I didn’t have space in last week’s column to mention another find in my middle desk drawer. Said treasure was yet another pre-Ziplock plastic bag containing about a dozen used, 1950s, vintage, “five and dime” store Valentines that were extremely popular with grade school children this time of year way back when.
There’s a note from column reader Jeri Sloan attached to this bunch that says “Mr. Adams, You ought to write about these sometime when you get to reminiscing.”
It’s untelling how long these little cards have been in my desk drawer but, for some reason, I’m thinking that Jeri was living in Harlan County when she sent them and it may have been late in the last century. I’ve obviously thrown away the envelope they came in but I must have planned to get right on it. On the other hand, there are kids graduating college this spring who are younger than some of the good intentions in my desk drawer.
In any event, I’ve decided that there is, indeed, a column in the Valentine cards. Here’s one that Elizabeth Ann Edwards sent to someone that has an animated raccoon holding a fishing rod and reel with a grinning fish on the line that says “I think you’re reel nice, Valentine”. Another has a little boy hugging a little girl that simply says “A Valentine for a swell person.” James sent it to someone.
Another one, from Roger Dale Adams, has a little boy with a huge package stamped with hearts on his back, wearing mailman shorts. The card reads, “Hope this carries enough weight for you, Valentine.” One from Linville Stidham has a parachuting teddy bear holding a heart and it says, “Don’t keep me up in the air, Valentine.” Nancy Ellen Moore sent a hat-wearing bee that reads “Valentine, You’re a Honey. Please bee mine.”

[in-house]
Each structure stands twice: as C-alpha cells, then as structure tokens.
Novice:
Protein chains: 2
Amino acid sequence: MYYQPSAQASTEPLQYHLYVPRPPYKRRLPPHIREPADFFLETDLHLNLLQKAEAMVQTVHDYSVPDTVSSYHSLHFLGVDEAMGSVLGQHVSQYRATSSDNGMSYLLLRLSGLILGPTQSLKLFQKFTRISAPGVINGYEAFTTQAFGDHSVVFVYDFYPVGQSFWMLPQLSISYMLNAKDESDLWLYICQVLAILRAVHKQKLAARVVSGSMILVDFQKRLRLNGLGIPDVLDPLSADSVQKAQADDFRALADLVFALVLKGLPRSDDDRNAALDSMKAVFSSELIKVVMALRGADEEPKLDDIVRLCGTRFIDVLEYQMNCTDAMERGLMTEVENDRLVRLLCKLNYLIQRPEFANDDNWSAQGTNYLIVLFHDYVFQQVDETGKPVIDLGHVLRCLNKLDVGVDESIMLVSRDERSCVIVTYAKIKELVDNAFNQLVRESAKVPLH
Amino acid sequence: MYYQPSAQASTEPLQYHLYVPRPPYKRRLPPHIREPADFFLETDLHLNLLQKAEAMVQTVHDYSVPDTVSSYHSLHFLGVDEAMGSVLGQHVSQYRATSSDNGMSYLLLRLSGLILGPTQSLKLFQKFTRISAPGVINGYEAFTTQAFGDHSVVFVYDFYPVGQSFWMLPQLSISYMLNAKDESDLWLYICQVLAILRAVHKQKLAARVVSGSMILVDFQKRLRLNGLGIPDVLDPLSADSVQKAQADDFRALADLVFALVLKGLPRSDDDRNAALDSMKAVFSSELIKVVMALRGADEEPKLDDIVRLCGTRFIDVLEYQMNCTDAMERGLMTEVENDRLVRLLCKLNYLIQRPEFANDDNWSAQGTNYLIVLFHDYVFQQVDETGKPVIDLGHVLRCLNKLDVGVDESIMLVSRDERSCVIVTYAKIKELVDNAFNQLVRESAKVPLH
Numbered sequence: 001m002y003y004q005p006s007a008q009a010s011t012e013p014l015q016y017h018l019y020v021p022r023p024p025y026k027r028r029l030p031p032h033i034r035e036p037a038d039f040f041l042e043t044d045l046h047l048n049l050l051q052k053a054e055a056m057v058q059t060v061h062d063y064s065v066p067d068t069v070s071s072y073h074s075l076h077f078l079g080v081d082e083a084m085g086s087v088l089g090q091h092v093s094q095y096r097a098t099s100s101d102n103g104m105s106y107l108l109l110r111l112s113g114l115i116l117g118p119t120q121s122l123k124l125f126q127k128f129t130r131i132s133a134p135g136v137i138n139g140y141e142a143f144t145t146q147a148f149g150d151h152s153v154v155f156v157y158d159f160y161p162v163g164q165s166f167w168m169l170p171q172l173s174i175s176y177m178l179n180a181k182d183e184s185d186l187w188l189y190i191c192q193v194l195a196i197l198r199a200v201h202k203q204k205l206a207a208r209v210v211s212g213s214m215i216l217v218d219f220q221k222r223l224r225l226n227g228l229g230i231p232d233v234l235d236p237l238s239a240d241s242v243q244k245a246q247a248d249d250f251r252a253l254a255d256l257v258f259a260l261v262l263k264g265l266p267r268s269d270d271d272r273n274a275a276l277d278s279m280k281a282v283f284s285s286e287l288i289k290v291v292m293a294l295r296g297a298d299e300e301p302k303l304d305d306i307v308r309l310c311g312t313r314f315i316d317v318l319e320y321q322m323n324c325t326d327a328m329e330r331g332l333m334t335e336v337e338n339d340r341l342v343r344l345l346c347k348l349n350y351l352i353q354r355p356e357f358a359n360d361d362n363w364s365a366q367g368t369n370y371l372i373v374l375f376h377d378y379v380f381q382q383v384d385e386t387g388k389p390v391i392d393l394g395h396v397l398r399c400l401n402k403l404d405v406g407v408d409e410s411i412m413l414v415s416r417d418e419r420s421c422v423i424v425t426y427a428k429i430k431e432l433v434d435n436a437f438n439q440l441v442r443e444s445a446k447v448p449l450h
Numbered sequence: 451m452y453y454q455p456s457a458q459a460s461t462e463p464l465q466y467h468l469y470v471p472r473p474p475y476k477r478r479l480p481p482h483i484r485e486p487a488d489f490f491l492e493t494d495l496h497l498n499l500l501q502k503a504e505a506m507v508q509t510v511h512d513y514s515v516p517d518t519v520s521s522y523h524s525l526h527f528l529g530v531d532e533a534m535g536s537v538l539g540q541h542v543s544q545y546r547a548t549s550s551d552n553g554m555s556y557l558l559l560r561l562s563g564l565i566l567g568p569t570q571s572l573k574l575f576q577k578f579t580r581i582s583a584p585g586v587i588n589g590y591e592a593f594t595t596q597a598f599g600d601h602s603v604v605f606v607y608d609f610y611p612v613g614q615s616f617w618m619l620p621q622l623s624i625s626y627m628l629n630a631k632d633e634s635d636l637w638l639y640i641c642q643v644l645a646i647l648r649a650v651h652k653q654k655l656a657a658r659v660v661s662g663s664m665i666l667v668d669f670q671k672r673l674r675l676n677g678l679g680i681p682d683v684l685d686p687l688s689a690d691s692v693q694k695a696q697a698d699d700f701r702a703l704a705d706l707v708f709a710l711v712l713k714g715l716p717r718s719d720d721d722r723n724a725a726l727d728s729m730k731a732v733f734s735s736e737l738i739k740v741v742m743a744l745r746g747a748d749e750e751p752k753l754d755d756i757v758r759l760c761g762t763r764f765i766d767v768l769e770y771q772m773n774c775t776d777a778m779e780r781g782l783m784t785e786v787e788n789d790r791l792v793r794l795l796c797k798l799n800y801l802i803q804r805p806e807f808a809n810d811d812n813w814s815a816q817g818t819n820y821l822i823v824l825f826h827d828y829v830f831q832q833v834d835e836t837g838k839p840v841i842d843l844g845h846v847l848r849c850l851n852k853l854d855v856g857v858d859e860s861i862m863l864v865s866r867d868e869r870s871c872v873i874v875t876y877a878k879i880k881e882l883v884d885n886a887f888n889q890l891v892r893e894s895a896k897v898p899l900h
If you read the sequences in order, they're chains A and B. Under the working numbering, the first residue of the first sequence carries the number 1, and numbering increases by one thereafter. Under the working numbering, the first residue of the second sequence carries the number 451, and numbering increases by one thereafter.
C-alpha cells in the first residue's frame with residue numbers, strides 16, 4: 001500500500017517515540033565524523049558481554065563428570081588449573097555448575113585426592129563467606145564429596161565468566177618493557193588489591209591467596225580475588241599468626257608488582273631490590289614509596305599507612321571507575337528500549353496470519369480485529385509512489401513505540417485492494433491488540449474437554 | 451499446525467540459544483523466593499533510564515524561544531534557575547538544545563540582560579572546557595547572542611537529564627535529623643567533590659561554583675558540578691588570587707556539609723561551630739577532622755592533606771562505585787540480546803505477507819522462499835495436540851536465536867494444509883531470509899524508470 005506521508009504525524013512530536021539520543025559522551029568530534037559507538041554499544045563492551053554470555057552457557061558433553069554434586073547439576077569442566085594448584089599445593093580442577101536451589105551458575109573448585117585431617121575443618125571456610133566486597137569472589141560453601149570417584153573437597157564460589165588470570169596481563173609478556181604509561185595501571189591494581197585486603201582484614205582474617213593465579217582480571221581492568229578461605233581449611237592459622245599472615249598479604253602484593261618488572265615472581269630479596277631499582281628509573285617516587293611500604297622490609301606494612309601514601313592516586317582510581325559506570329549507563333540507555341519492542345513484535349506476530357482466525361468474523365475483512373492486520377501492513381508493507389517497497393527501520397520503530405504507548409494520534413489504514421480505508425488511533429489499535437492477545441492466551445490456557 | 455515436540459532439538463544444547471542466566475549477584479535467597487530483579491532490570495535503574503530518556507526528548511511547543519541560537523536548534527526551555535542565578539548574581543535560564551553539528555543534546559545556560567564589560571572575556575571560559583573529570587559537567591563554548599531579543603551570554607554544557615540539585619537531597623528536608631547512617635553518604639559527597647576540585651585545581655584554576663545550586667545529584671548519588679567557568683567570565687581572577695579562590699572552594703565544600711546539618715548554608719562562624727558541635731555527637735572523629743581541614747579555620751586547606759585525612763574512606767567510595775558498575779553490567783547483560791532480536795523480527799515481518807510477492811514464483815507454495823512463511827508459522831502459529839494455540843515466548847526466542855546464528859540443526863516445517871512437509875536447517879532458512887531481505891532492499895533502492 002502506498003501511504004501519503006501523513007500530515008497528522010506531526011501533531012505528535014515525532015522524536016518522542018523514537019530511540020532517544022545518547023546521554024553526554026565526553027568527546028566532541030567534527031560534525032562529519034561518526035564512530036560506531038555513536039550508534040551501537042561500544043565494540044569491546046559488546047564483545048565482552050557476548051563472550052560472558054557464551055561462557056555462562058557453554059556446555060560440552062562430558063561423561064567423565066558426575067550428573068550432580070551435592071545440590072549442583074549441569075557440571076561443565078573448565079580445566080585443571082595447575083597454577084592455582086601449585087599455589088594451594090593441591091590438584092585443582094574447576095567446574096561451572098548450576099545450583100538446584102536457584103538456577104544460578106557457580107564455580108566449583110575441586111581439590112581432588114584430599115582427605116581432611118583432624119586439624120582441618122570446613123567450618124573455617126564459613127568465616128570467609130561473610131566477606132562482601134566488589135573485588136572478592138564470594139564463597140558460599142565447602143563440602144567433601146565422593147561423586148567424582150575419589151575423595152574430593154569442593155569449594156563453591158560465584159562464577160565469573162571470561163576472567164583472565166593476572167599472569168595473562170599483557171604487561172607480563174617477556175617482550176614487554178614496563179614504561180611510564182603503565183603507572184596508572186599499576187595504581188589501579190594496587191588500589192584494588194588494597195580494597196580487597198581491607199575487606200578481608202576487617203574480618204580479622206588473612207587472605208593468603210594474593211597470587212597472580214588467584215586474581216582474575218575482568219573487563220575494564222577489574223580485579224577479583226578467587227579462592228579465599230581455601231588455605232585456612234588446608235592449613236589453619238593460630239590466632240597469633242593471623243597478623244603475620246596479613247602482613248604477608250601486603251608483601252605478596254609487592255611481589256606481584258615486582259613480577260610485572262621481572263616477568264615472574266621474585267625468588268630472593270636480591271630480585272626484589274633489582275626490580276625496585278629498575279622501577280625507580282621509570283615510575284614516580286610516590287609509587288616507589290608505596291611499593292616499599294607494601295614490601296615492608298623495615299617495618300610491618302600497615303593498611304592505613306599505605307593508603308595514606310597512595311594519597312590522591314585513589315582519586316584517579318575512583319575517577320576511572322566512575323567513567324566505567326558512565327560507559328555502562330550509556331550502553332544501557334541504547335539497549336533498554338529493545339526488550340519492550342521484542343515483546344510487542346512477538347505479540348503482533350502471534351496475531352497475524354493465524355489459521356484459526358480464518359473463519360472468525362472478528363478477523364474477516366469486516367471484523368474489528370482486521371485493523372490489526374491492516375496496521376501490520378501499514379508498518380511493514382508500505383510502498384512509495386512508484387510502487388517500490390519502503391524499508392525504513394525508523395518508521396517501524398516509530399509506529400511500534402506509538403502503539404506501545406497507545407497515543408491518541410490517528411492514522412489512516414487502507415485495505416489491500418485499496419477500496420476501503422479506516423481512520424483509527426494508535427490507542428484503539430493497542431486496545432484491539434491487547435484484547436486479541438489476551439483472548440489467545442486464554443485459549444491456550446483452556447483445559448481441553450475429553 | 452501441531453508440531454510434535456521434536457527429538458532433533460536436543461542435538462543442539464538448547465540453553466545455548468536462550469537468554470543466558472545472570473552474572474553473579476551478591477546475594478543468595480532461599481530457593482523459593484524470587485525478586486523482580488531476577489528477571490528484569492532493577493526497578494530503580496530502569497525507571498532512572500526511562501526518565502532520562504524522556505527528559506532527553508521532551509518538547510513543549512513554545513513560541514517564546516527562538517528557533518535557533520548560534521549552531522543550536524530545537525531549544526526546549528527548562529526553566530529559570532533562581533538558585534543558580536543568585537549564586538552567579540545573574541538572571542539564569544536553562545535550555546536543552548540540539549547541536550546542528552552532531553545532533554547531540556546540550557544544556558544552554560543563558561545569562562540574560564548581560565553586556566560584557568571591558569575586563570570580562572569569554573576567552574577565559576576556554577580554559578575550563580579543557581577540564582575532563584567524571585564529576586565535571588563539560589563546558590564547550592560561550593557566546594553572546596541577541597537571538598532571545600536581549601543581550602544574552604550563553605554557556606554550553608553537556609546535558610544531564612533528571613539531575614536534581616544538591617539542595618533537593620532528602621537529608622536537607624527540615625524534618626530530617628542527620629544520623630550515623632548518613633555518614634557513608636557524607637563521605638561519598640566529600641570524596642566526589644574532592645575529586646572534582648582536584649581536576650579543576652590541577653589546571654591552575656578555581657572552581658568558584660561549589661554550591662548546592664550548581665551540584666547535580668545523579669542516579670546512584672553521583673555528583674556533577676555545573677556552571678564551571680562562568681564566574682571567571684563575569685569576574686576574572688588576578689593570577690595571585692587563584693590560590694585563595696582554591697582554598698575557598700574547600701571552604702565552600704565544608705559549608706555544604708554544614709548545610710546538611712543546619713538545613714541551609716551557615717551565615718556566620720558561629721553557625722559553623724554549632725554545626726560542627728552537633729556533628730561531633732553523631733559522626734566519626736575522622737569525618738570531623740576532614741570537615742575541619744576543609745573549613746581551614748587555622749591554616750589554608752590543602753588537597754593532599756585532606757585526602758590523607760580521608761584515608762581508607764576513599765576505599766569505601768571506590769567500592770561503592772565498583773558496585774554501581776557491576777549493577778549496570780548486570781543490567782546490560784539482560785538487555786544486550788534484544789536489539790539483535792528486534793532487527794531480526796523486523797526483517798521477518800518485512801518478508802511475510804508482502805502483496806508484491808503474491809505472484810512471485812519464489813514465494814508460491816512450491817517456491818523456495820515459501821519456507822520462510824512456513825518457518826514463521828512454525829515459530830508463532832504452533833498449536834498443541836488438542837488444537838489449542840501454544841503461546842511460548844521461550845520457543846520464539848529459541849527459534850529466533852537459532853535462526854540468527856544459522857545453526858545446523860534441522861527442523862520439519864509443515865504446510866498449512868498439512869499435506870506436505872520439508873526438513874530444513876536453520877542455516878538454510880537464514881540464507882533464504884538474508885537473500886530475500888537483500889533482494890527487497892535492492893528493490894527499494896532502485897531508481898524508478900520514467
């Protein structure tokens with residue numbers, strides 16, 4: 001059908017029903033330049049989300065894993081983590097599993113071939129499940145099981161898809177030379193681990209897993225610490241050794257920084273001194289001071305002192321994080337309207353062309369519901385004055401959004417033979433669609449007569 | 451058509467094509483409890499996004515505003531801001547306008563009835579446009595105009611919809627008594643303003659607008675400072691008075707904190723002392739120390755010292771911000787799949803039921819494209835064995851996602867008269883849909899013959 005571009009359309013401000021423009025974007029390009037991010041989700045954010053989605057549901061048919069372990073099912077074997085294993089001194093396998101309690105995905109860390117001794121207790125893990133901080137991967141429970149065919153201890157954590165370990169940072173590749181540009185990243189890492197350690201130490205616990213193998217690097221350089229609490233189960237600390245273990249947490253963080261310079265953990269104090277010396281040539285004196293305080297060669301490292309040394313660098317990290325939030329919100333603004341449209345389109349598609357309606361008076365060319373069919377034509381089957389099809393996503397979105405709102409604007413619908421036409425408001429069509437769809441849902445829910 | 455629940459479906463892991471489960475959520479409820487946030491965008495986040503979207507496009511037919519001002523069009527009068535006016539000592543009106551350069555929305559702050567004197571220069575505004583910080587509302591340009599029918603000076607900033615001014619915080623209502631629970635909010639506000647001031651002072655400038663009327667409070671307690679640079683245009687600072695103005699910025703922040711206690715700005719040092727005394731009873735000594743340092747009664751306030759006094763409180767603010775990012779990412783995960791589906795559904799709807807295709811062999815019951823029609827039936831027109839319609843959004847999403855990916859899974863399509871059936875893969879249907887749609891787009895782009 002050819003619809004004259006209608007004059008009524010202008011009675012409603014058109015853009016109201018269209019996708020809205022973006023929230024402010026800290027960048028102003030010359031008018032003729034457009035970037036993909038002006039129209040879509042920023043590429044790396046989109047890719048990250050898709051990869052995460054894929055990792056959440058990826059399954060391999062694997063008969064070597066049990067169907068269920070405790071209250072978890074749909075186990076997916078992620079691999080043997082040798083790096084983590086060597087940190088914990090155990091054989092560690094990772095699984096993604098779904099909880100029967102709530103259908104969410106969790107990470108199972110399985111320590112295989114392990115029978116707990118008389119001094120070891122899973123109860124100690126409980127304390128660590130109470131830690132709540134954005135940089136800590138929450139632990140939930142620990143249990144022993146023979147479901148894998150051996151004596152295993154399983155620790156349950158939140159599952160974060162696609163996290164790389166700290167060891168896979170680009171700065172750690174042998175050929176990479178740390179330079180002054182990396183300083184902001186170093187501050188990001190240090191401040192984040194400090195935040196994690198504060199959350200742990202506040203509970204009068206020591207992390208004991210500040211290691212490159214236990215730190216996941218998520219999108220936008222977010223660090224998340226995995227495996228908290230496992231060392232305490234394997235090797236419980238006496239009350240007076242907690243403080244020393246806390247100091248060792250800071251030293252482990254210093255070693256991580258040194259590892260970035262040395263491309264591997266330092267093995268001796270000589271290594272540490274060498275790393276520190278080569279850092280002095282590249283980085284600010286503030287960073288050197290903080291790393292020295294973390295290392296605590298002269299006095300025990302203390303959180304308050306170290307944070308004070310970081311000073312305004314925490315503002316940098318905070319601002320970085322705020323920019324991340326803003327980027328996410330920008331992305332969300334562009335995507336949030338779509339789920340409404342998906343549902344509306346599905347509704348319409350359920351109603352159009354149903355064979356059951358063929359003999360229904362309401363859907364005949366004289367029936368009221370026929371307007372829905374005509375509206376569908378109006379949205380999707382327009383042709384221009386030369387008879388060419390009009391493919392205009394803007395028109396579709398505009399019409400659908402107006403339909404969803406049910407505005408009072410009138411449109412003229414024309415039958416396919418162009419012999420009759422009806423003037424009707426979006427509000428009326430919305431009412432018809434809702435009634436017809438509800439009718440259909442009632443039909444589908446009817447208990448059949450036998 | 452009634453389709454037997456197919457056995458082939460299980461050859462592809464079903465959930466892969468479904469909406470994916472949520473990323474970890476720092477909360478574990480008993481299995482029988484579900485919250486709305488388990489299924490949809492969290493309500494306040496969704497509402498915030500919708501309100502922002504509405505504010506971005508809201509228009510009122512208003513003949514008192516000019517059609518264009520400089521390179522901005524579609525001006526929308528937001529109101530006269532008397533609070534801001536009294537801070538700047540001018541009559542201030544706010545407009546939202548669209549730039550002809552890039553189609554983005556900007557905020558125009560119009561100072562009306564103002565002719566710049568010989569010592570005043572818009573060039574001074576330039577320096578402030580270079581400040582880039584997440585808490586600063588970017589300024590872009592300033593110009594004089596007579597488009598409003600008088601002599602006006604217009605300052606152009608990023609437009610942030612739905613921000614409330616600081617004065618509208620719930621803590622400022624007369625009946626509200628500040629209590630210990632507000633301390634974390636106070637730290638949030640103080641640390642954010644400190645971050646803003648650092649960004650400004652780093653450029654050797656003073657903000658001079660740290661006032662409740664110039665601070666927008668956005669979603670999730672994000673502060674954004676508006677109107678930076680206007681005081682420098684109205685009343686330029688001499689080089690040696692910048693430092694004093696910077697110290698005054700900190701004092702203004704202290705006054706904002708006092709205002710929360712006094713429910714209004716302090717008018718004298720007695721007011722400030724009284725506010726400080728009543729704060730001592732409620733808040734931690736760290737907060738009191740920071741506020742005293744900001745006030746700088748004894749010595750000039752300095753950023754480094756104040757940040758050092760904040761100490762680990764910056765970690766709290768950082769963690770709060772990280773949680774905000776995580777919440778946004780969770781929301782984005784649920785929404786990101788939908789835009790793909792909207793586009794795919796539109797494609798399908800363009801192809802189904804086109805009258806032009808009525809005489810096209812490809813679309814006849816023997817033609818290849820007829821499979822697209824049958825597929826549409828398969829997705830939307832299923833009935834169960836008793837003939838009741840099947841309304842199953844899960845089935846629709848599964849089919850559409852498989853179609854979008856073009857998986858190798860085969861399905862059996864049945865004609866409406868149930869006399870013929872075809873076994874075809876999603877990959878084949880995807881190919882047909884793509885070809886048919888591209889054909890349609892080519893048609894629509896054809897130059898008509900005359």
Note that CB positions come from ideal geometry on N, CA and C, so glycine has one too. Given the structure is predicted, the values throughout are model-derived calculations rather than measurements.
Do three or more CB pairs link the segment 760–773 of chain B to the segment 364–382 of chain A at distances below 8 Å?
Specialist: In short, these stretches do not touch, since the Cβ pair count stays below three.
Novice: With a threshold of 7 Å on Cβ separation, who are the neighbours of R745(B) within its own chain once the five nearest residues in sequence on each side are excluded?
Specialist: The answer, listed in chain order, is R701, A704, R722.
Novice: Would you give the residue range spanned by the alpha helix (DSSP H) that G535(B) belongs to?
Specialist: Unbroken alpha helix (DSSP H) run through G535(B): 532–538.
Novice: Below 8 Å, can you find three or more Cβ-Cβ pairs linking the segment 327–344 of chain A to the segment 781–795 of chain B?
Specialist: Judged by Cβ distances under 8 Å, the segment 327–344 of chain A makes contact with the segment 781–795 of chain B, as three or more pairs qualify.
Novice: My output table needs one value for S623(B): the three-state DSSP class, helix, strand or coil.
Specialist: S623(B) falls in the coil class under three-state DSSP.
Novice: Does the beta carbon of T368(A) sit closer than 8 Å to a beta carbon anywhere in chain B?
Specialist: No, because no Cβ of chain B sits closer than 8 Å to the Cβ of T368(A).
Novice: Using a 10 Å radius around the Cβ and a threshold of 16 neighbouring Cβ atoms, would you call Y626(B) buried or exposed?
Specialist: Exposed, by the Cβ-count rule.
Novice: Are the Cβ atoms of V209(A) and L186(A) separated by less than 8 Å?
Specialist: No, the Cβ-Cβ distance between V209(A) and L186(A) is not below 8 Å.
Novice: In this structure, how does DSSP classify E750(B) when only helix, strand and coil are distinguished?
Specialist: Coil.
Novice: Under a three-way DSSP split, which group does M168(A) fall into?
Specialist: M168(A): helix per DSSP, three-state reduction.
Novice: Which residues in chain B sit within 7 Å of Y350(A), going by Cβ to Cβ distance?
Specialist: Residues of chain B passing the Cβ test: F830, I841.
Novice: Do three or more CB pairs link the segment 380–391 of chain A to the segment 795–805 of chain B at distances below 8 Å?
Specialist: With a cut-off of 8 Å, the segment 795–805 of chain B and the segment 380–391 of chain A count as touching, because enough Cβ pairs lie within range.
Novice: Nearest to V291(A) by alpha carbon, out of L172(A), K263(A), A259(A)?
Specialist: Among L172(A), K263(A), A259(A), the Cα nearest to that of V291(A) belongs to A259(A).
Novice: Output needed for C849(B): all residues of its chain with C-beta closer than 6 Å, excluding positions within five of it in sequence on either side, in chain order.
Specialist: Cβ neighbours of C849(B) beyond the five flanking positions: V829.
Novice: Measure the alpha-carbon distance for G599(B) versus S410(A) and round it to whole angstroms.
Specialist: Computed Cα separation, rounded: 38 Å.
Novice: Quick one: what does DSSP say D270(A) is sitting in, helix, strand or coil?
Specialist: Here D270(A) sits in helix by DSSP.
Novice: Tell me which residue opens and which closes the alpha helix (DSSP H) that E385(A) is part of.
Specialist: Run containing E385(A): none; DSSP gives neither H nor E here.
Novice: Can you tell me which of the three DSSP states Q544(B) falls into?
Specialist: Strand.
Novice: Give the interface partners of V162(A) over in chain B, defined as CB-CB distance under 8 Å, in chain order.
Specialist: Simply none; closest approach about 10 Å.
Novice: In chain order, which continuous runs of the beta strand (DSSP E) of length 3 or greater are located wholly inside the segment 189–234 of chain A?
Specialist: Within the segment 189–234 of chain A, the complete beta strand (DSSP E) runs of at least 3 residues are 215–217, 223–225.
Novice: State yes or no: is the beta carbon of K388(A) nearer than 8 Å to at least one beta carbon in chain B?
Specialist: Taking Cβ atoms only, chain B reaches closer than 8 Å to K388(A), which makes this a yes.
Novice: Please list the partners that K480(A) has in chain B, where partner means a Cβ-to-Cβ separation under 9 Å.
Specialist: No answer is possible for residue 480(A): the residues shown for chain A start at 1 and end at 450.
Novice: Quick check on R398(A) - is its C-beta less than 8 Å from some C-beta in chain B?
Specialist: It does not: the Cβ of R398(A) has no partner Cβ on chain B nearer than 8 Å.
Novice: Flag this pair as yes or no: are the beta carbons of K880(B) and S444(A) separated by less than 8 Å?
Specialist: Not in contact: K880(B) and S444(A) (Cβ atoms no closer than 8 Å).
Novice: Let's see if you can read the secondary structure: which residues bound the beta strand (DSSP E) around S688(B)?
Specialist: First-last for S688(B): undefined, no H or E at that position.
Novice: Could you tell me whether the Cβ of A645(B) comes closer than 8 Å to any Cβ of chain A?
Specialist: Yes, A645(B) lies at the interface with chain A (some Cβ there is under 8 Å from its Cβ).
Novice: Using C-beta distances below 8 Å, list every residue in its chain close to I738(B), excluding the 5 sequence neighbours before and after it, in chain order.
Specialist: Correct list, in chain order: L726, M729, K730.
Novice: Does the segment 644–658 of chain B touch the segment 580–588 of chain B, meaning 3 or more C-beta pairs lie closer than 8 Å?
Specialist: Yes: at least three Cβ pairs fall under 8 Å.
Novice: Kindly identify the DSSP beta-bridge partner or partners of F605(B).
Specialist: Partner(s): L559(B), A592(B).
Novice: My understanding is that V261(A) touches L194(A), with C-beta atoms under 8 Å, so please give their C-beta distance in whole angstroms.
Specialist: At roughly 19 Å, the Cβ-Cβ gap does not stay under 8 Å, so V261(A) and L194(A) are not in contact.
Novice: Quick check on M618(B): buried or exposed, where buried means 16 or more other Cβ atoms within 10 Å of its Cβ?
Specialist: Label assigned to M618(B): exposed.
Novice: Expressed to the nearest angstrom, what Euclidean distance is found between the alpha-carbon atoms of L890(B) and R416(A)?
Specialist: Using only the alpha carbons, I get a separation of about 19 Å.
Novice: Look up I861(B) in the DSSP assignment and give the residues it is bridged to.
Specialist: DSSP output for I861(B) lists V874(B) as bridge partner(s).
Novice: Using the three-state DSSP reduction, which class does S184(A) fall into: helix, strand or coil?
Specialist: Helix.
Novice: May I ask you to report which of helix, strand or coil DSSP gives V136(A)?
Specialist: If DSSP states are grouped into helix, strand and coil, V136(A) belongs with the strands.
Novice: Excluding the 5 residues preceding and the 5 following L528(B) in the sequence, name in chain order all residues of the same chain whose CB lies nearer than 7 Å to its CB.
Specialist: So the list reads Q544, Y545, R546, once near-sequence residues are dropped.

I don’t remember my kids ever getting into the Valentine craze, or, at least, much excited about it, but when I was in grade school every little country store in Letcher County profited from the holiday. A nickel would purchase a one-dozen pack of the little, one-sided, caricature cards. More than enough for everybody in your class and a few left over for some older or younger kids.
I know the little cards are still sold in Dollar Trees, Dollar Stores, drug stores and discount houses, but I’ve never seen kids standing in line to peruse the offerings the way we used to at the Dime Store in Whitesburg throughout the last half of January and the first two weeks of February.
While the little country stores back then mostly sold the small nickel and dime packs, “The Dime Store” in town did brisk business selling larger packs with 12 dozen (144) cards for 29 cents. Of course Whitesburg Grade School had upwards of 30 (or more) kids in each class while Blair Branch never had more than 10 during my eight-year tenure.
By the time I was in eighth grade, all three of my younger brothers were also in school so we splurged and bought the big Dime Store packs which made it possible for all four of us to give a Valentine to every kid in our three-grade rooms. In those days we gave Valentines to both genders but we only gave ones that hinted of long, true, and abiding love to certain members of the opposite sex.
We didn’t have “crushes” at Blair Branch Grade School. We “claimed” girlfriends and boyfriends. Hard feelings and even fights sometime erupted when two or more boys claimed the same girl.
I remember a schoolyard fight between two first-grade boys who claimed the same little girl. Miss Ison marched us back inside where the two little boys promptly had their britches dusted with her paddle.
She sat them back down and asked them what they were fighting over. The room became so quiet you could have heard dust settling. Finally one little girl raised her hand.
“They were fighting because they both claim me,” she said. “But I’ve got news for ‘em. I wouldn’t give either one of ‘em air if I had ‘em in a jug!”
She didn’t bother to tell the teacher that she had recently given both boys Valentine cards that had the “L” word on them. Now you can be the judge as to who actually started this little fight.